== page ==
17. Thanks for the comments and discussion. Oddly enough, I don’t feel like denouncing respected, award-winning scholars as horrible footnote writers in a casual blog post. Some other time, perhaps?

    And again the problem is not with things (rumor, blog posts, conference addresses) that don’t typically present themselves as academic works with scholarly apparatuses; each makes its own kind of claim and requires its own kind of analysis. The problem is with relatively recent peer reviewed books from reputable presses and articles published in respected journals, formatted according to proper Chicago style and strewn with things that look, at a glance, like footnotes. I’m heartened by Wally’s comment that people do sometimes double-check the footnotes, but sometimes things slip through – both on the apologetic and the antagonistic side, and from established scholars and amateur outsiders.

    I’m sure I’ve done the same kind of thing before. It’s difficult and time-consuming to trace every well-known fact back to its source, so you just throw in a reference to a page in a recent article that says the same thing, and no one thinks twice about it. Then later you start poking around in the place where the well-known fact was first stated, and it’s not nearly as clear-cut as everyone has been treating it. You’re more cautious the next time around.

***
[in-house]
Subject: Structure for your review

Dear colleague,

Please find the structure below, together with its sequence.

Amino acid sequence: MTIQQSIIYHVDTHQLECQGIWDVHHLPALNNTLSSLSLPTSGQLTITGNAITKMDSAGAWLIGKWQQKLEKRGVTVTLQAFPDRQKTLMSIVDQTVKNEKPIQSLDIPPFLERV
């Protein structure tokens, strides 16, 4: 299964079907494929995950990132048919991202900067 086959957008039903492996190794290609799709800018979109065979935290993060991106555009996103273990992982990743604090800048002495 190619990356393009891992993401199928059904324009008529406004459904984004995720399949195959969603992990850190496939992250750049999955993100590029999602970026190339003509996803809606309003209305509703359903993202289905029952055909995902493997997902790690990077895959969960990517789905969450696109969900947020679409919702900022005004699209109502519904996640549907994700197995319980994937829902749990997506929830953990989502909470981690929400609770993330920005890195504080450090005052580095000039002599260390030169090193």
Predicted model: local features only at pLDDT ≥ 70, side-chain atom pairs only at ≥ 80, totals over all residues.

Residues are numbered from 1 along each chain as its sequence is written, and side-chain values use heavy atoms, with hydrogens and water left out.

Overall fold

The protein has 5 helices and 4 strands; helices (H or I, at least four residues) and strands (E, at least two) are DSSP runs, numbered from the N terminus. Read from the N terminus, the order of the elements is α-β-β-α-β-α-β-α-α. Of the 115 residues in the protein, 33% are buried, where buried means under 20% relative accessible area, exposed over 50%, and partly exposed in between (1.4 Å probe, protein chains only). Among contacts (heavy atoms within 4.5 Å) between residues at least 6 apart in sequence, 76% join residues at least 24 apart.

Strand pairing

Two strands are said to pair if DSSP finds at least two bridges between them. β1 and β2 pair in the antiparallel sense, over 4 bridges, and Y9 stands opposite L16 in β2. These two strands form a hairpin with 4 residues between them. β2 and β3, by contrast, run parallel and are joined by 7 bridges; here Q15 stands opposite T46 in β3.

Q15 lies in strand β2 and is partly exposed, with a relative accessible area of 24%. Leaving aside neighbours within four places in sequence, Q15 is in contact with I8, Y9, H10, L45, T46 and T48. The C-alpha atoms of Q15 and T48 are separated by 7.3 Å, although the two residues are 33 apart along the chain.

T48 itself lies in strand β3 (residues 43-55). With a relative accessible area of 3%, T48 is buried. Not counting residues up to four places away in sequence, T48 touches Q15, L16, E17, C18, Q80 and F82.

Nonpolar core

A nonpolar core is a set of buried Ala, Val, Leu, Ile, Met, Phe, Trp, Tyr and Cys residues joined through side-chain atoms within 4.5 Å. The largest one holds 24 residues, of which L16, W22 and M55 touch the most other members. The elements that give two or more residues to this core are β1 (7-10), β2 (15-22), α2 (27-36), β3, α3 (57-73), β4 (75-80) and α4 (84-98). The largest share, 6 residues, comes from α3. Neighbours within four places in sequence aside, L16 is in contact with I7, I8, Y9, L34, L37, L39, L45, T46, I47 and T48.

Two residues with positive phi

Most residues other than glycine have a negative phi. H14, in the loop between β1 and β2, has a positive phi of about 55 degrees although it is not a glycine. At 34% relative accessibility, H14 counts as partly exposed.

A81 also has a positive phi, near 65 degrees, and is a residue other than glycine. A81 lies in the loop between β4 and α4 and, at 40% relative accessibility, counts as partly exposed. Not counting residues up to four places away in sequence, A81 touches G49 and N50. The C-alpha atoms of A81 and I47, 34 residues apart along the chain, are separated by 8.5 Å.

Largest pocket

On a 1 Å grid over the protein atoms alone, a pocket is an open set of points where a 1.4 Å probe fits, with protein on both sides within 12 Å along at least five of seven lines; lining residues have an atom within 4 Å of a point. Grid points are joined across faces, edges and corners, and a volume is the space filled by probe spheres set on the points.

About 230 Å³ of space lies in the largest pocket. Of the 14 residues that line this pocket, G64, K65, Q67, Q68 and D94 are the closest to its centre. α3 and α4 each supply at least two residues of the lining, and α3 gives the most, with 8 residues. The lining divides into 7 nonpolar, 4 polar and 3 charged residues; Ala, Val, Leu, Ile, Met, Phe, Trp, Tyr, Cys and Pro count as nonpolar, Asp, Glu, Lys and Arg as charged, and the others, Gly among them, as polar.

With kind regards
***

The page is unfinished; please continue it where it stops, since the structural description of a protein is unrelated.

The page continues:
It should be getting easier to track down sources, and in some ways it is. We have unprecedented ease of access…to 19th-century (and earlier) books and journals, thanks to Google Books. Everything later than that is hit and miss, mostly miss, due to copyright laws intended to help Disney being equally applied to Archiv für niederrheinische Kirchengeschichte (3. Reihe) 37 (1921). Open access sounds good, but it turns out that it’s extraordinarily expensive; someone has to pay for those servers, and page fees for good open-access journals run into the hundreds of dollars. So advancements in scholarship end up behind commercial paywalls instead. I do think university libraries should try to accommodate community members, but it’s hard to make the case that the university should pay, say, $10,000 more per year for a license that is not strictly limited to faculty, staff, and students. I wish I had a solution.